Originally a church, The Good Shepherd Church was built to accommodate a growing population and to provide for the elderly who had difficulty in attending the out of town parish church for evensong during the winter months. Built in 1889, at the cost of £1,250, in what was once called Sidmouth Street (now Queen Street), it eventually became redundant due to a dwinding congregation of churchgoers and was subsequently sold in the 1970s. The building was reorganised into three separate parts, the frontage belonging to the estate agents John Wood, the above floor latterly used by Anne Pengelly's Stained Glass Studio (The Good Shepherd Studio), and the rear used for the Masonic Hall.
I had the opportunity to take some photos inside when a meeting of the Axe Valley Heritage Society was held there. The interior has been modernised, and is quite different to the exterior. However, there are a few interesting features, and it was lovely to see it lit up at night.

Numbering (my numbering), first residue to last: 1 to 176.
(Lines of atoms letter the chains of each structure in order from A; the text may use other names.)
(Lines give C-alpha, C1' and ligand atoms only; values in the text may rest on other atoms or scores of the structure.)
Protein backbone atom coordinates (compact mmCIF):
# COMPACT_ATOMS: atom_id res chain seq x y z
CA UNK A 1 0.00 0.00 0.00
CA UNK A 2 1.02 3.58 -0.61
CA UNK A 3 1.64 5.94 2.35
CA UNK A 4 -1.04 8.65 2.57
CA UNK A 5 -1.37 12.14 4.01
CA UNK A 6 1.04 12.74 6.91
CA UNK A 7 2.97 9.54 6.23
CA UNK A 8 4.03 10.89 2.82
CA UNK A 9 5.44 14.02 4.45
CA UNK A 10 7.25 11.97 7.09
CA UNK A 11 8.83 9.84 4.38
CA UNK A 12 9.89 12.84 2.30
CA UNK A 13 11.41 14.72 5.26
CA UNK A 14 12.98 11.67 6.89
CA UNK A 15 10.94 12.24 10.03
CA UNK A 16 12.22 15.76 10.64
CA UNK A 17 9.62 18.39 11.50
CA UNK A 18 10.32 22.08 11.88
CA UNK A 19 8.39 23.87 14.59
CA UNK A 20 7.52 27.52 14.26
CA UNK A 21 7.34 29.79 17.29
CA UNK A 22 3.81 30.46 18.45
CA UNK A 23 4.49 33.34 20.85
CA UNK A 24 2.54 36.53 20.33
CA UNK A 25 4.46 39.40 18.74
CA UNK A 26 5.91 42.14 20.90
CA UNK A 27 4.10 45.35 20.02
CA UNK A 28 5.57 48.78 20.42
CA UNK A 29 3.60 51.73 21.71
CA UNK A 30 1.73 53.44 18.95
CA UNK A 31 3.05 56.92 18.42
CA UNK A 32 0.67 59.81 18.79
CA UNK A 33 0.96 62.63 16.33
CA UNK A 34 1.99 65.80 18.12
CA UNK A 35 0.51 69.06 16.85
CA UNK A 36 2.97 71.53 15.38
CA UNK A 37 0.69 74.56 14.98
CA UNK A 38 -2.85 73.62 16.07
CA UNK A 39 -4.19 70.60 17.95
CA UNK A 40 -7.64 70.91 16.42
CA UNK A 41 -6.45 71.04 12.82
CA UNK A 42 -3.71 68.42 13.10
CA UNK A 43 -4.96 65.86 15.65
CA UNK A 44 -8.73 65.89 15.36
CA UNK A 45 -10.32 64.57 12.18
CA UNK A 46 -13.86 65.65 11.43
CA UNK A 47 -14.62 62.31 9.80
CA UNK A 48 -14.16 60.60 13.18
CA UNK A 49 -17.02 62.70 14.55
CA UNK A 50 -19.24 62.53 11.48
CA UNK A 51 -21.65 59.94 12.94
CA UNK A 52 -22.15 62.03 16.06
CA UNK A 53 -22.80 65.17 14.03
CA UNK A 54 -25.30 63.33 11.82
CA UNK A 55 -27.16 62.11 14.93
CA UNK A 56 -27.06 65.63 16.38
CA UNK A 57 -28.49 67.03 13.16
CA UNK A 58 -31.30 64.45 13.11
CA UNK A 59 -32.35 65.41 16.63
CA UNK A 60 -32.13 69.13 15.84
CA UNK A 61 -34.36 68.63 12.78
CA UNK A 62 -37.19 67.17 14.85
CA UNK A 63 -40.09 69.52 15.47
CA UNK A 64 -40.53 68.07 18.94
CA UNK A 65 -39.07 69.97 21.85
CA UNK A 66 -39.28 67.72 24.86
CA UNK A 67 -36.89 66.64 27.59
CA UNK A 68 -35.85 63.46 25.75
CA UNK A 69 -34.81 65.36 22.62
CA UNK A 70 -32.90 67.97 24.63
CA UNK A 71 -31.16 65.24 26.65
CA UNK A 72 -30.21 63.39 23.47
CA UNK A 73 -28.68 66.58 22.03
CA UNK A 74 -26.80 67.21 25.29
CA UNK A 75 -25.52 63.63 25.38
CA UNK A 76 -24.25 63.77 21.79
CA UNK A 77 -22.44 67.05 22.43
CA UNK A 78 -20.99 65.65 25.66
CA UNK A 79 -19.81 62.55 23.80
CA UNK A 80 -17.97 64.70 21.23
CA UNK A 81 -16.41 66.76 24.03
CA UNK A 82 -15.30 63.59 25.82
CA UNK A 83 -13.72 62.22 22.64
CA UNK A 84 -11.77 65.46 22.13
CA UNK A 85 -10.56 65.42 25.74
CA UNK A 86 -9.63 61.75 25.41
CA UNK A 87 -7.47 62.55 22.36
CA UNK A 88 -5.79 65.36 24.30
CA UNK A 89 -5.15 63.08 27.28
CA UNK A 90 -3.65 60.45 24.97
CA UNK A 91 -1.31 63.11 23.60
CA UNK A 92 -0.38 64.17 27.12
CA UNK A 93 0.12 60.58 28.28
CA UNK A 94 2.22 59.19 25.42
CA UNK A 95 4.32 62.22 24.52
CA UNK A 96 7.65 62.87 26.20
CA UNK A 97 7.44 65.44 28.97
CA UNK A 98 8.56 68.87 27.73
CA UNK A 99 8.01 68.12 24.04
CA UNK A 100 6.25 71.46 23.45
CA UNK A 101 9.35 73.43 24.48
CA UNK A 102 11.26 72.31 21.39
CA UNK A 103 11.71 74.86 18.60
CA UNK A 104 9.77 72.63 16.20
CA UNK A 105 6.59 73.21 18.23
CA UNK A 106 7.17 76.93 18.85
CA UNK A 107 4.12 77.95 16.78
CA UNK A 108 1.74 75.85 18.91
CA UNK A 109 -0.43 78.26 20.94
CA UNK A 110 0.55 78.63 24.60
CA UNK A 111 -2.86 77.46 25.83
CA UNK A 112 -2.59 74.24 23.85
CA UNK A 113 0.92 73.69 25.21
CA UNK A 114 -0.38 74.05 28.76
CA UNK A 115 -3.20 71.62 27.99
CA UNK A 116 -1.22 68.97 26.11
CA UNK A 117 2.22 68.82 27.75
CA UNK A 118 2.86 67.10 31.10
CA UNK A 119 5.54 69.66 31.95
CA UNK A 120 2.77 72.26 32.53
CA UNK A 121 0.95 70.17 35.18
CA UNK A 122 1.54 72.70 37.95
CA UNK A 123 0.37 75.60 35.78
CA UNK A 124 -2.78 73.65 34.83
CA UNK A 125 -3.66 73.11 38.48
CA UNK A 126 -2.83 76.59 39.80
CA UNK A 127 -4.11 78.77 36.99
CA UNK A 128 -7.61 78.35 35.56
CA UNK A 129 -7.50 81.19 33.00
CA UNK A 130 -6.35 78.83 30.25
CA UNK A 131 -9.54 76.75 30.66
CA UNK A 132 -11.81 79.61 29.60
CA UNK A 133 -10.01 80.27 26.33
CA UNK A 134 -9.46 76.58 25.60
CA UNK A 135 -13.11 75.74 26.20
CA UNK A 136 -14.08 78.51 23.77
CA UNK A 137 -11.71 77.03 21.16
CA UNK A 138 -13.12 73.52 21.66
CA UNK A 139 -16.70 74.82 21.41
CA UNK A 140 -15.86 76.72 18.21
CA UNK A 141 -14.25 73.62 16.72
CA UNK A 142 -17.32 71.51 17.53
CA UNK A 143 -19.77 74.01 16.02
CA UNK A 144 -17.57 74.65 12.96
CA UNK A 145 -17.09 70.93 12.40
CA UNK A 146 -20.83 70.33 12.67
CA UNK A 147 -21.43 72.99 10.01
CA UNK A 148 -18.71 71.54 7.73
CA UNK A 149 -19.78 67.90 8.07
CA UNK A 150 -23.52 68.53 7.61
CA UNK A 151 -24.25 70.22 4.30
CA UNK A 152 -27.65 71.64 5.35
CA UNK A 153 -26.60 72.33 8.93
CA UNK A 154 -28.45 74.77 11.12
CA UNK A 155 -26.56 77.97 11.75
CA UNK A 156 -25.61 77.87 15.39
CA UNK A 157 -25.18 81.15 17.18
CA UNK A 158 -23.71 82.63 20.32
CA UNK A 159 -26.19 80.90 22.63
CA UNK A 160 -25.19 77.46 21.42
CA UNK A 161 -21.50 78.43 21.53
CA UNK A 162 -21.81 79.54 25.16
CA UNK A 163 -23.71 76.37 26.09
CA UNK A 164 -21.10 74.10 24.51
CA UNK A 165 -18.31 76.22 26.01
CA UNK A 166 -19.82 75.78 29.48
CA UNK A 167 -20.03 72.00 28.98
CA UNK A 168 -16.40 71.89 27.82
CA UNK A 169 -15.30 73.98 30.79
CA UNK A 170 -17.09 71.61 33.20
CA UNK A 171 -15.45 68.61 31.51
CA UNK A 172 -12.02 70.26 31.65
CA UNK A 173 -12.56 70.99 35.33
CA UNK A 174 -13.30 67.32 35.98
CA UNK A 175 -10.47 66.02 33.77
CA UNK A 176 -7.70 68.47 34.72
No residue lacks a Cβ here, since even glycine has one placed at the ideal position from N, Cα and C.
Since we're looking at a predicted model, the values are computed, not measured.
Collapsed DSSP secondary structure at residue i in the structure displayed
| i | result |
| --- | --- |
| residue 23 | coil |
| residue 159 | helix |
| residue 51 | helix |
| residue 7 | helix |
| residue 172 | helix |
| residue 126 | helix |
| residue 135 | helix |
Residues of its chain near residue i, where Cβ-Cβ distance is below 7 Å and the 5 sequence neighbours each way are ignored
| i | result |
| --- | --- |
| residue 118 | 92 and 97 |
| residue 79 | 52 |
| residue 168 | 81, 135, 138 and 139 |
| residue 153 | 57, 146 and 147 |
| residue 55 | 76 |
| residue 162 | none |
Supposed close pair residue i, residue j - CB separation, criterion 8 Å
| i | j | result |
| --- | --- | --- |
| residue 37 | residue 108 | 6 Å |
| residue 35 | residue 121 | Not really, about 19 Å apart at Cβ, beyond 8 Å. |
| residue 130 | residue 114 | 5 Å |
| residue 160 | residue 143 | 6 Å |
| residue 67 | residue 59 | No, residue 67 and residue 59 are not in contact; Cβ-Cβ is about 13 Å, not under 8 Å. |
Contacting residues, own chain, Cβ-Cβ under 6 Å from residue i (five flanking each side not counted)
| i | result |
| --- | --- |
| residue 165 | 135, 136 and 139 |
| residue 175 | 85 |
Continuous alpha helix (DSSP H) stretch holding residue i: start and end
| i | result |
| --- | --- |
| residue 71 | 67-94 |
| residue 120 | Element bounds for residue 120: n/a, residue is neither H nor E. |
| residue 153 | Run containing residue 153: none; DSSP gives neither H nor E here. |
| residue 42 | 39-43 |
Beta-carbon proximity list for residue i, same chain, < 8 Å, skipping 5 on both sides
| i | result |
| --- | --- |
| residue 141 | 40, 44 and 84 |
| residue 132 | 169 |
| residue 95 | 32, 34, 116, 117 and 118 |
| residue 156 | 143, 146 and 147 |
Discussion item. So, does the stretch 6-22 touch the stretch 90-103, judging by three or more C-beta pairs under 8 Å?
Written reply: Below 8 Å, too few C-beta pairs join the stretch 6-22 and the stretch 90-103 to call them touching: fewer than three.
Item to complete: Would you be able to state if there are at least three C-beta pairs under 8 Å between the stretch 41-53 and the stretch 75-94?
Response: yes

The gate below, with the masonic compass insignia.
I also made a visit to the studio, which enabled me to take some interior photos of that part of the building too. The one below includes some of the work from the glass studio alongside the original windows.
Anne very kindly showed me photos of the original church, which I photographed (below).
And, a lovely surprise (below)...she designed and produced the stained glass insertion for the Masonic Hall, depicting the compass and the insignia De La Pole.
Some more photos can also be viewed in the Photo Gallery album along with these.